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6 things that will change on Canada Day weekend

Posted: Jun 29, 2012 10:55 AM ET 

As the midpoint in the calendar year, and a nationally symbolic one at that, June 30 and July 1 are dates on which new regulations or tax changes often come into effect or current ones expire and quarterly adjustments are made to some government programs.
This year, Canada Day weekend will see some of the country’s richest people (at least in Ontario) get a little poorer, the poorest seniors get a tiny bit richer, refugees and would-be immigrants perhaps a little frustrated and MPs come out ahead, as usual.
Here’s a look at some of the changes coming into effect this holiday weekend:

1. Seniors get a bit more money

The maximum basic Old Age Security benefit paid to people age 65 or older rises $4.86 a month to $544.98 for people making less than $69,562 a year.
Guaranteed Income Supplement payments for low-income seniors also increase, by $6.60 to $738.96 a month for a single person or the spouse of a non-pensioner, and by $4.37 a month to $489.98 for the spouse of a pensioner. And the monthly allowance for low income seniors between the ages of 60 and 64 rises by about $10 a month.

2. Rich Ontarians’ pay cheques shrink

As part of a budget deal between the minority Ontario Liberal government and the NDP, Ontarians face a new marginal tax rate of 13.168 per cent on income over $500,000. The “tax on the rich” means more tax will be withheld from pay cheques for those upper-income earners effective July 1.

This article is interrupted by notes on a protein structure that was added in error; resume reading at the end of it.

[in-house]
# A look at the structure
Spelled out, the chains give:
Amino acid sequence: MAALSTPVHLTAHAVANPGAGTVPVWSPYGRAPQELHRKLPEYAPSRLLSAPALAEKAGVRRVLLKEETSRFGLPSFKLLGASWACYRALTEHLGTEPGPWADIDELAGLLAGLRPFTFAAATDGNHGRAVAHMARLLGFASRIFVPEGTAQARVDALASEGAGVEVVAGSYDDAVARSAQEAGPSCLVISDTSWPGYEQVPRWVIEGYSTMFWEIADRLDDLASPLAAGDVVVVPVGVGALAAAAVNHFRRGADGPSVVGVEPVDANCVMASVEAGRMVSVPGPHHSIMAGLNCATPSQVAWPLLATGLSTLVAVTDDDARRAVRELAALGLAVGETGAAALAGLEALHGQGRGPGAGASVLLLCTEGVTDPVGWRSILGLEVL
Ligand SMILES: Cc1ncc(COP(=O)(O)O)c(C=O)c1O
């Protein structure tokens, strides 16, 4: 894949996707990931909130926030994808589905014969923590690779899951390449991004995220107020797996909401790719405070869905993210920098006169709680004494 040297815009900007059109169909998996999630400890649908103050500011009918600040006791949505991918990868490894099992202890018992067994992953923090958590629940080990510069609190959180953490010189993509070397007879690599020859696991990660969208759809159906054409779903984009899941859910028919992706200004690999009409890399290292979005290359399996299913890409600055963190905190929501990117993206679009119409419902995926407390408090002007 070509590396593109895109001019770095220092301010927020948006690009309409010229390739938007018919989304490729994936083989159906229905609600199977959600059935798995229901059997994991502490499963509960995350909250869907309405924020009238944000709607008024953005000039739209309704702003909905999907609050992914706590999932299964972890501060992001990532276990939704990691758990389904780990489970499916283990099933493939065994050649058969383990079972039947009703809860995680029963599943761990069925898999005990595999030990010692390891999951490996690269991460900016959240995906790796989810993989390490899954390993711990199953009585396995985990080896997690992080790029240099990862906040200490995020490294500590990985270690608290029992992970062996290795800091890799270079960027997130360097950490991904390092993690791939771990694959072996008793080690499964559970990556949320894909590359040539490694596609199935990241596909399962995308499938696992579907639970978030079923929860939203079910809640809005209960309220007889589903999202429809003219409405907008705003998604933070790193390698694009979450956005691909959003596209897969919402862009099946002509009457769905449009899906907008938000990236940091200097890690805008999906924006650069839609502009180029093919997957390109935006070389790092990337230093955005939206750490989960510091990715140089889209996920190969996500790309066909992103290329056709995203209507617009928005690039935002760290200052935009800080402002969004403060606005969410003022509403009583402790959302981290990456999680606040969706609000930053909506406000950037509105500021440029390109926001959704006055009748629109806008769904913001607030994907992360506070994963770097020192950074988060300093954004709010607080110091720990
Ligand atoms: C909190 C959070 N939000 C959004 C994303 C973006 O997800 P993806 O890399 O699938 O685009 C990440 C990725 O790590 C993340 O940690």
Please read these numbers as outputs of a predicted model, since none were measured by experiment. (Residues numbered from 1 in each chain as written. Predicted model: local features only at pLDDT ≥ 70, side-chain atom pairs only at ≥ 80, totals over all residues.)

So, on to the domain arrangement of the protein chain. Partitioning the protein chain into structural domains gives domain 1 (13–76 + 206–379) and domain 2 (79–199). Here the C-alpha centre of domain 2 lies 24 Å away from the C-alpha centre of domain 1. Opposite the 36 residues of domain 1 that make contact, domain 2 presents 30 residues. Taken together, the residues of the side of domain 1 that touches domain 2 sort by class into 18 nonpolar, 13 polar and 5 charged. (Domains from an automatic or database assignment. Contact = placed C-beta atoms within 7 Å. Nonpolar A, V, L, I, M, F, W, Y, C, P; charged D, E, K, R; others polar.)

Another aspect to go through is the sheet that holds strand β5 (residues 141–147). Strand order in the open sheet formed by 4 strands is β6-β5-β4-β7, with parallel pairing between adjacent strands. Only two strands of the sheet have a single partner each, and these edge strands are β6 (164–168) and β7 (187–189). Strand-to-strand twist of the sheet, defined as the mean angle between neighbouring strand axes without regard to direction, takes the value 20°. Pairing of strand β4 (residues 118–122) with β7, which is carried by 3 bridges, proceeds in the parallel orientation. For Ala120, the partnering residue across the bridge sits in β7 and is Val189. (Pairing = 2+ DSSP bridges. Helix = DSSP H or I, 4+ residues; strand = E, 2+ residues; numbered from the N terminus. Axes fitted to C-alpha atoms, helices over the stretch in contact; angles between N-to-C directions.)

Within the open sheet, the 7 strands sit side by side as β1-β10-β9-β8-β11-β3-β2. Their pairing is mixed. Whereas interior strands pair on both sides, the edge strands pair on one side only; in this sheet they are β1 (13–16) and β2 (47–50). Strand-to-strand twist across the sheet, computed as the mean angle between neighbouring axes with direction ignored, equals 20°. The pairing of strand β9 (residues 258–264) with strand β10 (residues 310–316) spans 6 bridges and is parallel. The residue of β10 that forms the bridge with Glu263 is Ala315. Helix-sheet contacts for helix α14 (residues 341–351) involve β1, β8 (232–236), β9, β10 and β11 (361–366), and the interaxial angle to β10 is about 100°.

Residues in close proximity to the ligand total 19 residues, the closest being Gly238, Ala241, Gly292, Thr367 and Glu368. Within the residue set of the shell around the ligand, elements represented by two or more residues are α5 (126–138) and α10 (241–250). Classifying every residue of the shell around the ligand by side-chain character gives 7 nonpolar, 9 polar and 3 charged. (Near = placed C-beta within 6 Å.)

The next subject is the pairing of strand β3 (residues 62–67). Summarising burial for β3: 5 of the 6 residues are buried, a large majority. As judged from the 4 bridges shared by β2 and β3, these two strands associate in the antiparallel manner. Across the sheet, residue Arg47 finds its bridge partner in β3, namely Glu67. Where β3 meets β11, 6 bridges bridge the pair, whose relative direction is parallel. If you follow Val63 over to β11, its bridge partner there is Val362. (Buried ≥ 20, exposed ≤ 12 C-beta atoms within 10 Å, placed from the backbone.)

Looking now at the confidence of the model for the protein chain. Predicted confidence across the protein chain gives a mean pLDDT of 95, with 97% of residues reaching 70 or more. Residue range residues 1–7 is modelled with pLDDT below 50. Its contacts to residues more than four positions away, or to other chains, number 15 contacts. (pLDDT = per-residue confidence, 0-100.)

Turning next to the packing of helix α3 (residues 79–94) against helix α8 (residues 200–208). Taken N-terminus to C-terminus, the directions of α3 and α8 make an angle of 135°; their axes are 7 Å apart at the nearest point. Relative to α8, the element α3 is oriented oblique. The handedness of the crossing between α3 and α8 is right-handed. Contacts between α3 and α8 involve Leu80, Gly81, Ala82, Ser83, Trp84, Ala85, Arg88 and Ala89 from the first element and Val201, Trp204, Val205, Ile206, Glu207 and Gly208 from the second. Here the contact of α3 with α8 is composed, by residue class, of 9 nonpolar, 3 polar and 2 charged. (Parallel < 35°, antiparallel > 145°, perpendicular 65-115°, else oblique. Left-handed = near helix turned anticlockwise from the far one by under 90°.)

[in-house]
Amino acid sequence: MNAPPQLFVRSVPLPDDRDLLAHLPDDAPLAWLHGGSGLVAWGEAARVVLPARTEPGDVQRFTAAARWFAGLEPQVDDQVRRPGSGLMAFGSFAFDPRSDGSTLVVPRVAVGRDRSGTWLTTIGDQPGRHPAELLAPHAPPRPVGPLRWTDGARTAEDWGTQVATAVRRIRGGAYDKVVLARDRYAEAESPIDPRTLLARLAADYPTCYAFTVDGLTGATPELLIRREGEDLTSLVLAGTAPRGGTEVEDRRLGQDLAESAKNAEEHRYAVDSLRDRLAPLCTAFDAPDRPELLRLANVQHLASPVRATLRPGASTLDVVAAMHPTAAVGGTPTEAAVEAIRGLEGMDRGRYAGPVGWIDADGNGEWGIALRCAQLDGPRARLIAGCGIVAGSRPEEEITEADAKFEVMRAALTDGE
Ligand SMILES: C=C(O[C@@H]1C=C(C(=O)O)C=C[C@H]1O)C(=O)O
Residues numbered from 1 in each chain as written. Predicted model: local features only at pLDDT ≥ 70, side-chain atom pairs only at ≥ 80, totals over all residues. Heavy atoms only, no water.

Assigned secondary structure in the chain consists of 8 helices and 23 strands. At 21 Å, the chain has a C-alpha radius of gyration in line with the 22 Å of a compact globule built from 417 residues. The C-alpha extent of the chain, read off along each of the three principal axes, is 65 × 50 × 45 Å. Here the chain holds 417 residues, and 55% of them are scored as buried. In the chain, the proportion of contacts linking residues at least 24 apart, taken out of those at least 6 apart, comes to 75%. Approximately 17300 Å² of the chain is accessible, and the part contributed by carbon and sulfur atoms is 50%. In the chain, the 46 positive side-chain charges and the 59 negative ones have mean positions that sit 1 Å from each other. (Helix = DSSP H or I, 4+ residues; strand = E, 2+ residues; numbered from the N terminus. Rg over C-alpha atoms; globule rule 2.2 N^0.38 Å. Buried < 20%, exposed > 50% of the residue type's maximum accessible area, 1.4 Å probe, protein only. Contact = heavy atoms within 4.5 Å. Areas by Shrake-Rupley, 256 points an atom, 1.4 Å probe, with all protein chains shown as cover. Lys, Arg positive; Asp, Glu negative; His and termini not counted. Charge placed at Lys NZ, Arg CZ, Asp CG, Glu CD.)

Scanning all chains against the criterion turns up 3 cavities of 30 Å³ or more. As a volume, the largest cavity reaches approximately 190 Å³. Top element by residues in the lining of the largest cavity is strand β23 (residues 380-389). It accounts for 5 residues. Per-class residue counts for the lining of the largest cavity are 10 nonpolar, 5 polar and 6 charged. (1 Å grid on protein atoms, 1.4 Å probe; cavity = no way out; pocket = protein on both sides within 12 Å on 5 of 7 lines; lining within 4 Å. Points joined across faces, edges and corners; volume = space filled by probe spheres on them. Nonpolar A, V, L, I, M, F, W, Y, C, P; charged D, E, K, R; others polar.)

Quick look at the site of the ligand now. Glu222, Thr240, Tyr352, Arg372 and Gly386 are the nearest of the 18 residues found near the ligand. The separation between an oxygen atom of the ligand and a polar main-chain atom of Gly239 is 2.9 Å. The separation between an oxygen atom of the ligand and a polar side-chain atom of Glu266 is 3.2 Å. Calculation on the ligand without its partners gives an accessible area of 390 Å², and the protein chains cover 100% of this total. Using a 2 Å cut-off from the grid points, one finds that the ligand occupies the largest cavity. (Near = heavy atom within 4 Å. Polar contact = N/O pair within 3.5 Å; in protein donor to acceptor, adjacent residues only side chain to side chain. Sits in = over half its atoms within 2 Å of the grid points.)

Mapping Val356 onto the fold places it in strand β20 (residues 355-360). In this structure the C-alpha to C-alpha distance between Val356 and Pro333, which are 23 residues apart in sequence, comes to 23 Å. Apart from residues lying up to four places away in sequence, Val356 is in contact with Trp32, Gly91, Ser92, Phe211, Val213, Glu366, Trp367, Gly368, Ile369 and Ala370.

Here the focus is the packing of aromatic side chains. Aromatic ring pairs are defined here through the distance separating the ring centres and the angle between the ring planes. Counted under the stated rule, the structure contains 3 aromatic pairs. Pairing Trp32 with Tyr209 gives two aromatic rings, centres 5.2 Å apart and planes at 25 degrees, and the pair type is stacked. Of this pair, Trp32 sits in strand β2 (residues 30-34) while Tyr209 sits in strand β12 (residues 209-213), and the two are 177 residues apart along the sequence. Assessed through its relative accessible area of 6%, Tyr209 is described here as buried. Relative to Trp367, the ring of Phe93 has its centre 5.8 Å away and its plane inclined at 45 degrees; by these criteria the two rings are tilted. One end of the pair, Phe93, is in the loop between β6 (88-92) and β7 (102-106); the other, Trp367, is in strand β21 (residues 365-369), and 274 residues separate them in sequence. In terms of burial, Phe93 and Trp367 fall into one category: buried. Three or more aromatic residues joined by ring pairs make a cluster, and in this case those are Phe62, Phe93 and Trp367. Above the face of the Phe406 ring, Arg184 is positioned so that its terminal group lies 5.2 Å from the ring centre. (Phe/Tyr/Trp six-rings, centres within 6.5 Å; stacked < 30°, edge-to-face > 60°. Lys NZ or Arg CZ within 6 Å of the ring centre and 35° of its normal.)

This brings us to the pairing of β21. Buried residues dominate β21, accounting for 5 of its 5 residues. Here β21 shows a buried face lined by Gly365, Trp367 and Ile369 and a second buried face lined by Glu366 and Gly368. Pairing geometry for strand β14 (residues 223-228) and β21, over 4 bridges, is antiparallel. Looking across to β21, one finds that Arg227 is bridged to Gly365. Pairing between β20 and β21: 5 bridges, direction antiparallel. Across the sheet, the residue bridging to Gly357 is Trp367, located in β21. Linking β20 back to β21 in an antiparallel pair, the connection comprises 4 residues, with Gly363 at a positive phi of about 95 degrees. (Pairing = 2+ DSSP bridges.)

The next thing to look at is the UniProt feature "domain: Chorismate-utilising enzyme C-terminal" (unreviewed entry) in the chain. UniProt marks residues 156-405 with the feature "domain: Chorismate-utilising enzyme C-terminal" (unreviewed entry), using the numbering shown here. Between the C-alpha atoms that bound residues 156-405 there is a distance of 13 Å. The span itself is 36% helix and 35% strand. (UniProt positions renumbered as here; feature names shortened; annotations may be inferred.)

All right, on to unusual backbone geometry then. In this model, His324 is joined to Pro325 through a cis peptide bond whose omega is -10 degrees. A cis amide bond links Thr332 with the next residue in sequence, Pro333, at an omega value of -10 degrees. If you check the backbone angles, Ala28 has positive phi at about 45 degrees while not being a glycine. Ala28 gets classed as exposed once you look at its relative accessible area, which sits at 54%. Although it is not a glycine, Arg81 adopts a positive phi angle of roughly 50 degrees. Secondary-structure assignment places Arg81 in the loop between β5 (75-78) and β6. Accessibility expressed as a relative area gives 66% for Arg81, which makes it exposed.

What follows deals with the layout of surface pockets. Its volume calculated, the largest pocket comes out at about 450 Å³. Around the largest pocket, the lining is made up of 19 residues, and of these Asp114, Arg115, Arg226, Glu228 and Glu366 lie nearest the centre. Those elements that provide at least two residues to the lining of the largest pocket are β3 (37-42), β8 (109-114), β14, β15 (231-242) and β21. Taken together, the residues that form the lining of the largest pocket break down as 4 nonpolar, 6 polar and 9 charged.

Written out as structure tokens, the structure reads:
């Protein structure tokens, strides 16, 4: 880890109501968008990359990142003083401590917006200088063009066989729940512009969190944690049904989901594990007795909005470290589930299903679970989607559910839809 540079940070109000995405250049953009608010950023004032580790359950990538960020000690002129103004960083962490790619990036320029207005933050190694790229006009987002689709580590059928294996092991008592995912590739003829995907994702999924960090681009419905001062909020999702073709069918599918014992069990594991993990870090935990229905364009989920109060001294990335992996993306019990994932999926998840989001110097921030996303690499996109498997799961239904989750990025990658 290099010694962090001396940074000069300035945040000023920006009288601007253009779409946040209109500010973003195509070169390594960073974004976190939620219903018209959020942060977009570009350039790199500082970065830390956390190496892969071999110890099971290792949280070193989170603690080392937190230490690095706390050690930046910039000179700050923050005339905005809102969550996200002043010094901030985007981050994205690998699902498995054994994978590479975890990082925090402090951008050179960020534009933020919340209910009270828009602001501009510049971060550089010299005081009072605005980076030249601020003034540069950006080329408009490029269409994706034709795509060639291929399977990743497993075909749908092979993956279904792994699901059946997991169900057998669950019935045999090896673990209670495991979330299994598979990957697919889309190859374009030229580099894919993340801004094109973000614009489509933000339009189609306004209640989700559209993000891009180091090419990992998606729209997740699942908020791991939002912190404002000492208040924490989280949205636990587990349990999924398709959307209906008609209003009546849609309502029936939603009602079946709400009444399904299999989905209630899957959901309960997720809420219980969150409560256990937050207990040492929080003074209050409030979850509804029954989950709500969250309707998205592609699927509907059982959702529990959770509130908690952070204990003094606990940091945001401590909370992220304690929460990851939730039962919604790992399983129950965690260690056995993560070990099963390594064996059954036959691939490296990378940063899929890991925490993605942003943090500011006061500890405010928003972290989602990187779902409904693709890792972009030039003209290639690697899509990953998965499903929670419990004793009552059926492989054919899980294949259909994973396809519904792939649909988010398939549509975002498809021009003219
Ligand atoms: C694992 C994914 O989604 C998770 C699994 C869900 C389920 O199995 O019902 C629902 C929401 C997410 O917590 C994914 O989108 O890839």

3. Refugees lose some health benefits

With cuts to the Interim Federal Health Program, announced by Citizenship and Immigration Minister Jason Kenney, refugees will no longer receive dental and vision care and will have reduced prescription drug coverage. The government says the cuts will bring refugees’ health-care coverage on par with what is paid to other Canadians and will save $20 million a year over the next five years. Critics, including doctors who work in community health, say the changes threaten the health of some of the world’s most vulnerable people.

4. MPs’ pension fund will be $23M richer

A quarterly interest payment of 10.4 per cent will be paid into the parliamentary pension fund on June 30, adding $23 million to the fund, according to the Canadian Taxpayers Federation. Changes are coming that will see MPs paying more for their pensions and waiting longer to collect, but the CTF says Canadians still pay more than $100 million annually into the fund through set quarterly interest payments and annual contributions, while MPs themselves contribute about $4.5 million. The fund now stands at $950 million.

5. New immigrant workers face language tests

Starting July 1, most applicants for semi- and low-skilled professions under the Provincial Nominee Program will have to undergo testing and meet mandatory minimum language standards in English or French. The PNP, which is managed by the provinces in accordance with federal guidelines, is the second-largest economic immigration program in the country and is expected to bring 42,000 people into Canada this year.

6. Foreign skilled workers and entrepreneurs need not apply

Immigration Minister Jason Kenney this week announced an immediate freeze on applications under the Skilled Worker Program and the Immigrant Investor Program to reduce the backlog of applicants seeking to come to Canada under those programs. Kenney had already announced that applications from skilled workers made before 2008 would be cancelled and fees returned. New applications for skilled workers will be accepted again in January, but the investor program freeze is indefinite as the government overhauls a program some see as a way to buy entry to Canada.

Federal government seeks comments on tighter rules for foreign students

OTTAWA – The Immigration Department is looking at tightening the rules covering foreign students, and wants to know what Canadians think.